His last startup’s story was no secret. When David Byttow decided to shut down his anonymous messaging app, he took to blogging site Medium to write and publish a 350-word post on the “hardest decision of [his] life.”
Byttow wrote that Secret no longer represented the “vision [he] had when starting the company.” The 33-year-old entrepreneur had tried to create something different. In contrast to similar startups like Whisper and Yik Yak, Secret centered on sharing between friends and friends of friends rather than pushing confessions to a public forum.
“The choice we made is that people need to know you. It’s about connecting with people you know and people they know,” Byttow told Gigaom in April 2014, after his team had raised $10 million in venture capital funding.
Building out a vision and connecting people has long been Byttow’s focus. He worked as an engineer at Google and was the tech lead on the search giant’s social products, including Google+ and Google Wave. He later worked for Twitter cofounder Evan Williams’ blogging site Medium and after as a technical director for Twitter cofounder and CEO Jack Dorsey’s mobile payments company Square.
Last week, Google launched a new social network. Medium received a huge endorsement from President Barack Obama. And Square just released a marketing video prior to the initial public offering. International Business Times spoke with Byttow, who will be giving a keynote at The Next Web conference in New York next week, on the visions behind these companies and what he looks to as a “great model to follow” for tech entrepreneurs.
International Business Times: Secret closed in April. What have you been doing since then?
David Byttow: I spent most of my energy getting most of the team members into new roles. Everybody ended up going to great places: Airbnb, Twitter and Uber, for example. That was really great to see and be a part of. I did a lot of traveling, spending time to lay low. I tried to learn from everything that happened.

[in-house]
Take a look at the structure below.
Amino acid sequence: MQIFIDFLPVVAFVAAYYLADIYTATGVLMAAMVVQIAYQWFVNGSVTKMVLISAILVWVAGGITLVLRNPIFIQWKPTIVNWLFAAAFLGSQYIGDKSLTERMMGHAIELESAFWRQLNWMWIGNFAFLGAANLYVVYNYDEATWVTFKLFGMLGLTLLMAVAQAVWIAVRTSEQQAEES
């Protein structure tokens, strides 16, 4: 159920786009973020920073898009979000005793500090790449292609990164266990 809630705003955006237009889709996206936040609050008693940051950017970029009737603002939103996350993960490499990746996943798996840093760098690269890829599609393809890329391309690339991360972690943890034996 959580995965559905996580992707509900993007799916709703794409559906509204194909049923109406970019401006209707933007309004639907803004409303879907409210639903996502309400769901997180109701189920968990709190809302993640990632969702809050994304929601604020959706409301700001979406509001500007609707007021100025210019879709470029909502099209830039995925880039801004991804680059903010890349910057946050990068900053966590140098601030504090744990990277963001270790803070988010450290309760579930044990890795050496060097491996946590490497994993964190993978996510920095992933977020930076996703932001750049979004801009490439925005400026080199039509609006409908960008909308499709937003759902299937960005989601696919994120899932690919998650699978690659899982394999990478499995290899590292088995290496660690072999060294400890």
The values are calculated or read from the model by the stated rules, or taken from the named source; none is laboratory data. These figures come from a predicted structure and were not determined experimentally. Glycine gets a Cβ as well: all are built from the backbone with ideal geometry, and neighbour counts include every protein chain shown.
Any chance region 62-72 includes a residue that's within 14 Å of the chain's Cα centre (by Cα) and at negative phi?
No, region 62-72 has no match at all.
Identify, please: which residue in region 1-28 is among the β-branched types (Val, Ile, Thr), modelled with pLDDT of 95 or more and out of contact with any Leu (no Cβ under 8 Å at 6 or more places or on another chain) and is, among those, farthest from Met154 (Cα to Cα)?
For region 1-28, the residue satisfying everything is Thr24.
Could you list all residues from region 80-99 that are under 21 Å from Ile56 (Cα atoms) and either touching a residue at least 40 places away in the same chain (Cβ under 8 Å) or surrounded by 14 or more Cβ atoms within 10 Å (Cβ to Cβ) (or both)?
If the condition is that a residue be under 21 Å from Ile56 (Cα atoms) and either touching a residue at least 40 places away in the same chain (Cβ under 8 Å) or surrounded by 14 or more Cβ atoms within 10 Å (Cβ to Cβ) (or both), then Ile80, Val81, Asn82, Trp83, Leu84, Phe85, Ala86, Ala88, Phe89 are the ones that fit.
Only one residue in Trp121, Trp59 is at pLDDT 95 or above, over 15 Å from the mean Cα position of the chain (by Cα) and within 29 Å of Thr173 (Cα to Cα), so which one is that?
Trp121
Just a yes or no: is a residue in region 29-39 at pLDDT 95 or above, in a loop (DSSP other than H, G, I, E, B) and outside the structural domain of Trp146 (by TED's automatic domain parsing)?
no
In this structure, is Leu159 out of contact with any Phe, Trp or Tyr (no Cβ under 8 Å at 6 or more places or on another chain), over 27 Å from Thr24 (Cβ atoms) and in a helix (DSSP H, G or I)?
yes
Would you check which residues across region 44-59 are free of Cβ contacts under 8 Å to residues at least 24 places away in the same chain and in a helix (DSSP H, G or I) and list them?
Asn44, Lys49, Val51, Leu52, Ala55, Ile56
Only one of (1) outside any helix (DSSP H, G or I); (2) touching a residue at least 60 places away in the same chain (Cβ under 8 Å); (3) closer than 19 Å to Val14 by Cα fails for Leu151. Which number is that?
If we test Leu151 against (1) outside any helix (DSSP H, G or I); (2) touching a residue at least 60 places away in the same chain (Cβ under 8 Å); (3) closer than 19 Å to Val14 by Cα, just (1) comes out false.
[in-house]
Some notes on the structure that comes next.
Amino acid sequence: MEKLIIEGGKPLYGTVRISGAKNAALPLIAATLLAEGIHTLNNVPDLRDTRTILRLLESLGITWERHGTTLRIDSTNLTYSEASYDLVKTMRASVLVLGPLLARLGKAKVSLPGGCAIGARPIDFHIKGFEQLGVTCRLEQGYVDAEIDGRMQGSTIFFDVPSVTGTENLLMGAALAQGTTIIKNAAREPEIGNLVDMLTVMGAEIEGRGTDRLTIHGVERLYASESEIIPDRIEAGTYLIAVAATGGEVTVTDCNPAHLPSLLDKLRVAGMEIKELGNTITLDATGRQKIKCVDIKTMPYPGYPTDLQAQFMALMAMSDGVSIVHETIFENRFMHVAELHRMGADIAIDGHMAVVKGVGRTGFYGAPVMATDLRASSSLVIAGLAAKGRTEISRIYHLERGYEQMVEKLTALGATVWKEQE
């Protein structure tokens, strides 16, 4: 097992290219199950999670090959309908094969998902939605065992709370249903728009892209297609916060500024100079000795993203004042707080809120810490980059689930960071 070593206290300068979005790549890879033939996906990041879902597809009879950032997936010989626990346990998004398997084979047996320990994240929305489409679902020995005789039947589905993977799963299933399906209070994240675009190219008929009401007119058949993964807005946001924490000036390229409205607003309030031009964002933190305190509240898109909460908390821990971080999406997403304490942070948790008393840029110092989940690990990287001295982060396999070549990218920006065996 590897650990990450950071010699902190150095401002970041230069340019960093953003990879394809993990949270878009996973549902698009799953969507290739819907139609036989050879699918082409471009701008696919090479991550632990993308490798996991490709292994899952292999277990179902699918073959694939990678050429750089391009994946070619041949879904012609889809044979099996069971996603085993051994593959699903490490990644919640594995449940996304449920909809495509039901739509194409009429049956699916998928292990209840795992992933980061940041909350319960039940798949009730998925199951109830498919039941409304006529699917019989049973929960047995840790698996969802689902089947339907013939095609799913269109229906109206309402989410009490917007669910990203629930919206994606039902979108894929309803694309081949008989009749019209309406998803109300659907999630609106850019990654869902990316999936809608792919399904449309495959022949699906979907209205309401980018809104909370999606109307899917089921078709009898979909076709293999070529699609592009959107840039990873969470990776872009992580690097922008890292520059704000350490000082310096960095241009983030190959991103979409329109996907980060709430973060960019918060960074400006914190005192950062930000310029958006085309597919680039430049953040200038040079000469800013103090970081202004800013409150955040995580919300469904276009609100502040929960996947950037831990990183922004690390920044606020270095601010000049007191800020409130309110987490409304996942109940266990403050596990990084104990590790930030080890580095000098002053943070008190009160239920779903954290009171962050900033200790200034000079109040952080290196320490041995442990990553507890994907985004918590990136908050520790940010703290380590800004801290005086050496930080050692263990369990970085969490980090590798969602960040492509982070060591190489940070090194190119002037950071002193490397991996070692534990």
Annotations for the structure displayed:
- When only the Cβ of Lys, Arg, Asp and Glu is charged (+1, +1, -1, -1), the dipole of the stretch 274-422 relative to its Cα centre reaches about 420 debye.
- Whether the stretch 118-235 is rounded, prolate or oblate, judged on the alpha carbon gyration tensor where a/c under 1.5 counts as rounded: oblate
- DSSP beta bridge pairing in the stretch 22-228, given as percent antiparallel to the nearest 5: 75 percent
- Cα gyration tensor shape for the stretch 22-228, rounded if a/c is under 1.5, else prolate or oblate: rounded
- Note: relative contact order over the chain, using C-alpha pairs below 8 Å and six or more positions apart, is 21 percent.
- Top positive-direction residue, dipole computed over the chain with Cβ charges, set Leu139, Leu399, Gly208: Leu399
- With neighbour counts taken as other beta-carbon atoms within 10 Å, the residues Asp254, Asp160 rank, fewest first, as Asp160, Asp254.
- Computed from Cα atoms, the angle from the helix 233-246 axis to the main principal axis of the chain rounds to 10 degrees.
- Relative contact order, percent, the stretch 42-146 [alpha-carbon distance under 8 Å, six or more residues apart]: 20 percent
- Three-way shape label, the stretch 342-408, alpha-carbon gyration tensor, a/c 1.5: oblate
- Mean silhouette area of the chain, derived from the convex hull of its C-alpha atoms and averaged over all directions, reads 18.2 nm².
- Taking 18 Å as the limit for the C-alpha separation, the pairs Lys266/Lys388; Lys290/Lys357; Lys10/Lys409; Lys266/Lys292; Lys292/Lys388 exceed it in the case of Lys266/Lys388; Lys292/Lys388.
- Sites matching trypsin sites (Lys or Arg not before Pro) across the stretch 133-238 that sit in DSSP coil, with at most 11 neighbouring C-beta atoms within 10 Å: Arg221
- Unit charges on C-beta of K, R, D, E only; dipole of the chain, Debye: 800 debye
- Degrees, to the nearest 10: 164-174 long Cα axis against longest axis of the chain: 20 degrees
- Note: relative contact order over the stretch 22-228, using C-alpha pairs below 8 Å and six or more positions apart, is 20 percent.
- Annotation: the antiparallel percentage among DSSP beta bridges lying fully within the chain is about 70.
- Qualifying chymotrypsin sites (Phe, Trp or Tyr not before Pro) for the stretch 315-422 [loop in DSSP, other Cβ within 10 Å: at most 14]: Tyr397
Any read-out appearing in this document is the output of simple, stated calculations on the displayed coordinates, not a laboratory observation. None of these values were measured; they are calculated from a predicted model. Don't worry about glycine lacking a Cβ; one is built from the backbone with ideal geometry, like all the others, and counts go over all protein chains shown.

I’ve been helping out Medium a bit recently. I worked as a design consultant on a contract basis and helped them with their relaunch in October. And you might have heard [TechCrunch reported in October] I’m working on an enterprise product. We’ll have more more news on that later [see bold.io].
IBT: You worked as an engineer for Google. What was it like being on projects there?
Byttow: I was the tech lead on Google+ and before that a bunch of other products. At first it felt like a startup, which was great. But the vision and implementation wasn't strong enough of a differentiator. That’s what I was looking for with the next company.
IBT: So you went to Medium. What was Medium’s vision at the time?
Byttow: I was working on Medium before it launched, after I left Google. I was only there for a month when there were about 10 employees.
At the time it wasn’t really clear. I knew it was a writing platform and knew I liked Ev [Williams]. At that point the concept was much larger than what actually ended up shipping. The first version of Medium that launched was actually very simple. It focused on the basics: writing, reading and making that experience great.
IBT: Why leave Medium to join Square?
Byttow: I was talking with Jack [Dorsey] a lot that time about Square and what their vision was. It felt like there was a huge opportunity to be involved in something big. Square was built on an infrastructure that wasn’t scaling as well as it should, and I knew there was a big project that was coming.
It ended up being the Starbucks project. I took a leap of faith and joined and hitting the ground running and started rethinking the system. We doubled down on the infrastructure, making sure it can support much larger transactions across the board.
Do what you love. https://t.co/pOS7s5LDIX
— Square (@Square) October 27, 2015
IBT: Some say Square and Starbuck’s partnership was a “bust.” According to IPO filings, Square received $246.92 million in revenue but also paid $303.3 million in transaction fees from 2012 to 2014 through the deal. Would you say it was a failure?
Byttow: From a technical perspective, it was a major success. We were tasked with doing it in a short amount of time that allowed us to push hard and allowed us to learn a lot.
IBT: What went wrong with Secret, and how can future entrepreneurs avoid having to shut down a project?
Byttow: Secret became a posterchild of a Silicon Valley startup. It just was on stage at all times. It was impossible not to fail publicly if we were going to fail. The goal, I say, is to not take [funding]. The longer you hold out the more value you can come away with.
And don’t grow too fast. It’s all about a controlled voice. Find the one thing that you think you can do well, and don’t focus on going broader with expanding to multiple countries or adding features.
IBT: Amidst all the crazy growth and valuations in Silicon Valley, is there a particular startup that you think is doing it right?
Byttow: I love Snapchat. They ease into things. They try things. They experiment. They don’t go crazy. They’re just doing cool stuff, and I like that. They’re a great model to follow. They don’t talk much. They just kill it on features and are building things that people want, but not going crazy with the product and throwing darts at the wall, especially with their advertising product.
You don’t want to overextend. The facade or the rocky foundation eventually comes on down.